:::: MENU ::::

Posts tagged with: lower interest rate

Adapting the Baby Steps

by

There’s been a lot of talk on the blog lately about emergency funds and baby steps. So since we’re on that topic, I have a question: do most of you believe there are exceptions to Dave Ramsey’s Baby Steps?

Listening to his show, I feel like he’d say never. But I agree with commenters here that say people like me with huge, long-term debt should be adapting the Baby Steps, especially when it comes to emergency funds and retirement savings.

In case you’re not a Ramsey follower, he teaches people to follow seven Baby Steps:
1. Save $1,000 for your starter emergency fund.
2. Pay off all debt (except the house) using the debt snowball.
3. Save 3-6 months of expenses in a fully funded emergency fund.
4. Invest 15% of your household income in retirement.
5. Save for your children’s college fund.
6. Pay off your home early.
7. Build wealth and give

So here are the two adaptations I think apply:

1. Keep More Than $1,000 in Our “Starter” Emergency Fund

Currently we’re in Baby Step 2 paying off $291,000 of student loans. We have $8,000 in our emergency fund that we don’t touch. Dave would tell us to put $7,000 to our debt, and keep only $1,000 in our starter emergency fund until all our debt is gone.

But our debt is so large we’ll be dealing with it for years and years. It scares me to only have $1,000 cash available to us for that long! Paying off $7,000 of our debt would be good, but I don’t feel it’d be best. I’d rather have extra cash available to us in savings. $8,000 is not a full Step 3 that would cover 3-6 months of expenses, but it’d cover us for a month or two if something came up.

2. Invest Even While in Baby Step 2

We don’t want to put off investing for retirement for too long. We’re in our late 30s, after all. But how long is too long? Fortunately we started contributing to our retirement seven years ago, and we only stopped last summer when we got more aggressive with our debt. That means we have $100,000 in an IRA that’s slowly growing even while we take a break.

However, my husband is itching to contribute to our retirement again. I vote we make a good dent in our loans first—maybe for six to twelve more months—and then contribute 10% of our income instead of 15% so we can still work on the loans. I just feel like we can’t wait to save for retirement until our massive debt is paid off, but I still want to make those stupid loans disappear.


Would you justify adapting the Baby Steps in our situation? How would you tweak them?


Showing Some Financial Grace…

by

I wrote last week about my trailer dilemma and it appears as though more facts were needed.

1) We have 6 months in our emergency fund.
2) The trailer took 2 months of that, kicking us down to 4 months of emergency fund.
3) Once the old trailer is sold, those funds will be put immediately back into the emergency fund and kick it back to 6 months.
4) I never called this an emergency. I was trying to figure out how folks buy replacement vehicles without making a temporary dip into emergency funds.

Perhaps I didn’t lay it out correctly? I outlined the trailer purchase but the issue of car replacement will be the same. My husband drives a truck worth $10K. We will be upgrading to a $20K truck in a couple years. We will save $10K (plus extra for taxes/etc) and an extra $2K in case we overvalued his truck for a total savings of $12K. We will purchase a $20K truck leaving us $8K short. We were planning on short term borrowing from the emergency fund but we were blasted for that opinion.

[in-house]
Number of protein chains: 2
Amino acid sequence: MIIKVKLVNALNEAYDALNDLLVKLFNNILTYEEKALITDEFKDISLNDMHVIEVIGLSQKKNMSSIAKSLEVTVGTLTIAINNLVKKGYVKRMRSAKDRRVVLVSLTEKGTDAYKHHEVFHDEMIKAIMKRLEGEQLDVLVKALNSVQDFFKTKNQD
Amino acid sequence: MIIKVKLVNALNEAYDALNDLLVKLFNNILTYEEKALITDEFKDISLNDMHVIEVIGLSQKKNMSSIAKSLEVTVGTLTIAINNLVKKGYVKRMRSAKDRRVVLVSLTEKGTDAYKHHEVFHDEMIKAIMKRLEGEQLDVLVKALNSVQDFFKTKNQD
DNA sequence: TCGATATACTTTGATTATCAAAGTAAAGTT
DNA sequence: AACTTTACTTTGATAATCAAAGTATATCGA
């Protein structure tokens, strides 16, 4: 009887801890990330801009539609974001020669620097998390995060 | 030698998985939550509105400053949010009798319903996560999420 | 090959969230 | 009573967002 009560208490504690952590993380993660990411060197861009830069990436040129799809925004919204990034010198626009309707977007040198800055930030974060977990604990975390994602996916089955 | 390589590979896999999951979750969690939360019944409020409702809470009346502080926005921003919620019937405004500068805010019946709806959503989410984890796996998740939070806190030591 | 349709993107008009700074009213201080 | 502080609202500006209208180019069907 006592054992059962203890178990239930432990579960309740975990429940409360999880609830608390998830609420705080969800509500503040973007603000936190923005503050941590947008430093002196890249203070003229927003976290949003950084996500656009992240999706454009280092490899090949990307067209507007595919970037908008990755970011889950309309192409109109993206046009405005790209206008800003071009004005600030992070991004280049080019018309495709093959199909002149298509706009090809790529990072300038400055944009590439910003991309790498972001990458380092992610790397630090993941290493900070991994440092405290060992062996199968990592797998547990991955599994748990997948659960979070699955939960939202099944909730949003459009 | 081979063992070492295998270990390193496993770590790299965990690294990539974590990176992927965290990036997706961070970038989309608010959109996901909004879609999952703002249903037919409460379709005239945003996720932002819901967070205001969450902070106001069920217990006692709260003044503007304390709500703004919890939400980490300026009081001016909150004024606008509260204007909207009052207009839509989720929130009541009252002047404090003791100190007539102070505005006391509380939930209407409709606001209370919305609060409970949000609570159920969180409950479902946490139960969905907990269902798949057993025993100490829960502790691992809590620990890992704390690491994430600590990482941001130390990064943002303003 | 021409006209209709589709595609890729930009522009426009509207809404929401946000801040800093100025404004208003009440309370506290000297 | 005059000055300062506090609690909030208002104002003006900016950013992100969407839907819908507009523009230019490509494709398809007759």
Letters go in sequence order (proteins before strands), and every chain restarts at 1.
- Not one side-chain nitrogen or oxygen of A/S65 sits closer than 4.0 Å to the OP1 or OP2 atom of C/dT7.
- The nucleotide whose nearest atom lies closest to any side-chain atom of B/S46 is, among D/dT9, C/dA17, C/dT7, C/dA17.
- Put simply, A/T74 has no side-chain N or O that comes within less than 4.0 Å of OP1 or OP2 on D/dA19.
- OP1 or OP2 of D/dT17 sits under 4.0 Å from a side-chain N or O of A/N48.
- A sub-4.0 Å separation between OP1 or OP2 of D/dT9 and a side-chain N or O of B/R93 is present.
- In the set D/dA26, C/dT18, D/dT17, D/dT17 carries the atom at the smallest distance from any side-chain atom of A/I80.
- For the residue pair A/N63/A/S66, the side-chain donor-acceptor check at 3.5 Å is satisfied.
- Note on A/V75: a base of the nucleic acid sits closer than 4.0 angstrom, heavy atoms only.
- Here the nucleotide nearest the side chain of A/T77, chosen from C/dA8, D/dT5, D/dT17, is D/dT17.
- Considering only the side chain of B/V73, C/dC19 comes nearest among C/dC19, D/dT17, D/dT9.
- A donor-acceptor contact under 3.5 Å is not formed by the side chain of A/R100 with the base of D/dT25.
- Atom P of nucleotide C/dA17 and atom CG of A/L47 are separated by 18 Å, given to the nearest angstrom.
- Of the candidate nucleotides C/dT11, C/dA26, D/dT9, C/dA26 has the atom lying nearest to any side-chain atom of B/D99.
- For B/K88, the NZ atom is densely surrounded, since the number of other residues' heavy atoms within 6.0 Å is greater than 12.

Is it the general consensus that:
1) We save the extra $8K rather than consider the value of the truck?
2) Or purchase from a dealer (which would be more expensive than private sale) and trade our truck in and lose the money we would have made selling it ourselves?
3) Or take out a short-term loan from a bank and pay interest in an effort to keep cash in our account?
4) Or always wait until our vehicles are valued next to nothing prior to upgrading?
5) Or (I thought this was the most reasonable) attempt to work with one car and if needed, rent short term.

All in the name of risk mitigation?

Sadly, there isn’t a perfect answer. Hence the debate. I chose the one that made the most sense to me and kept the most money in my pocket long-term.

I was also surprised at how many people brought up the post about the puppy and expressed concern about my ability to identify a true emergency and my irresponsibility with finances. I’ve been debt free for 3 years. I have had a 6-month emergency fund for 2 years that I’ve never touched (I was able to pull the $100 in vet bills – a true emergency – from other areas of my budget because I’m extremely reluctant to touch it). I think it’s OK to say I wondered if pet replacement is an emergency during a period of deep sadness. I’m human. At what point am I not considered a total financial moron? Ten years debt free? 15?

I am revising my statement in that post from “I am making a stupid call on this…” to “I am making a calculated risk”.

A hearty thanks to those who didn’t beat me up for my decision. Thank you for extending grace. Thank you for understanding that not everything is black and white.

To all the others, I’m sorry if I seem harsh. I have the flu. I’m cranky. I’m working on thicker skin. I appreciate the exercise of looking at all the options…but let’s not throw the dog (something I never moved forward with) in my face. I’m still struggling with that loss.


Pages:1234567...1529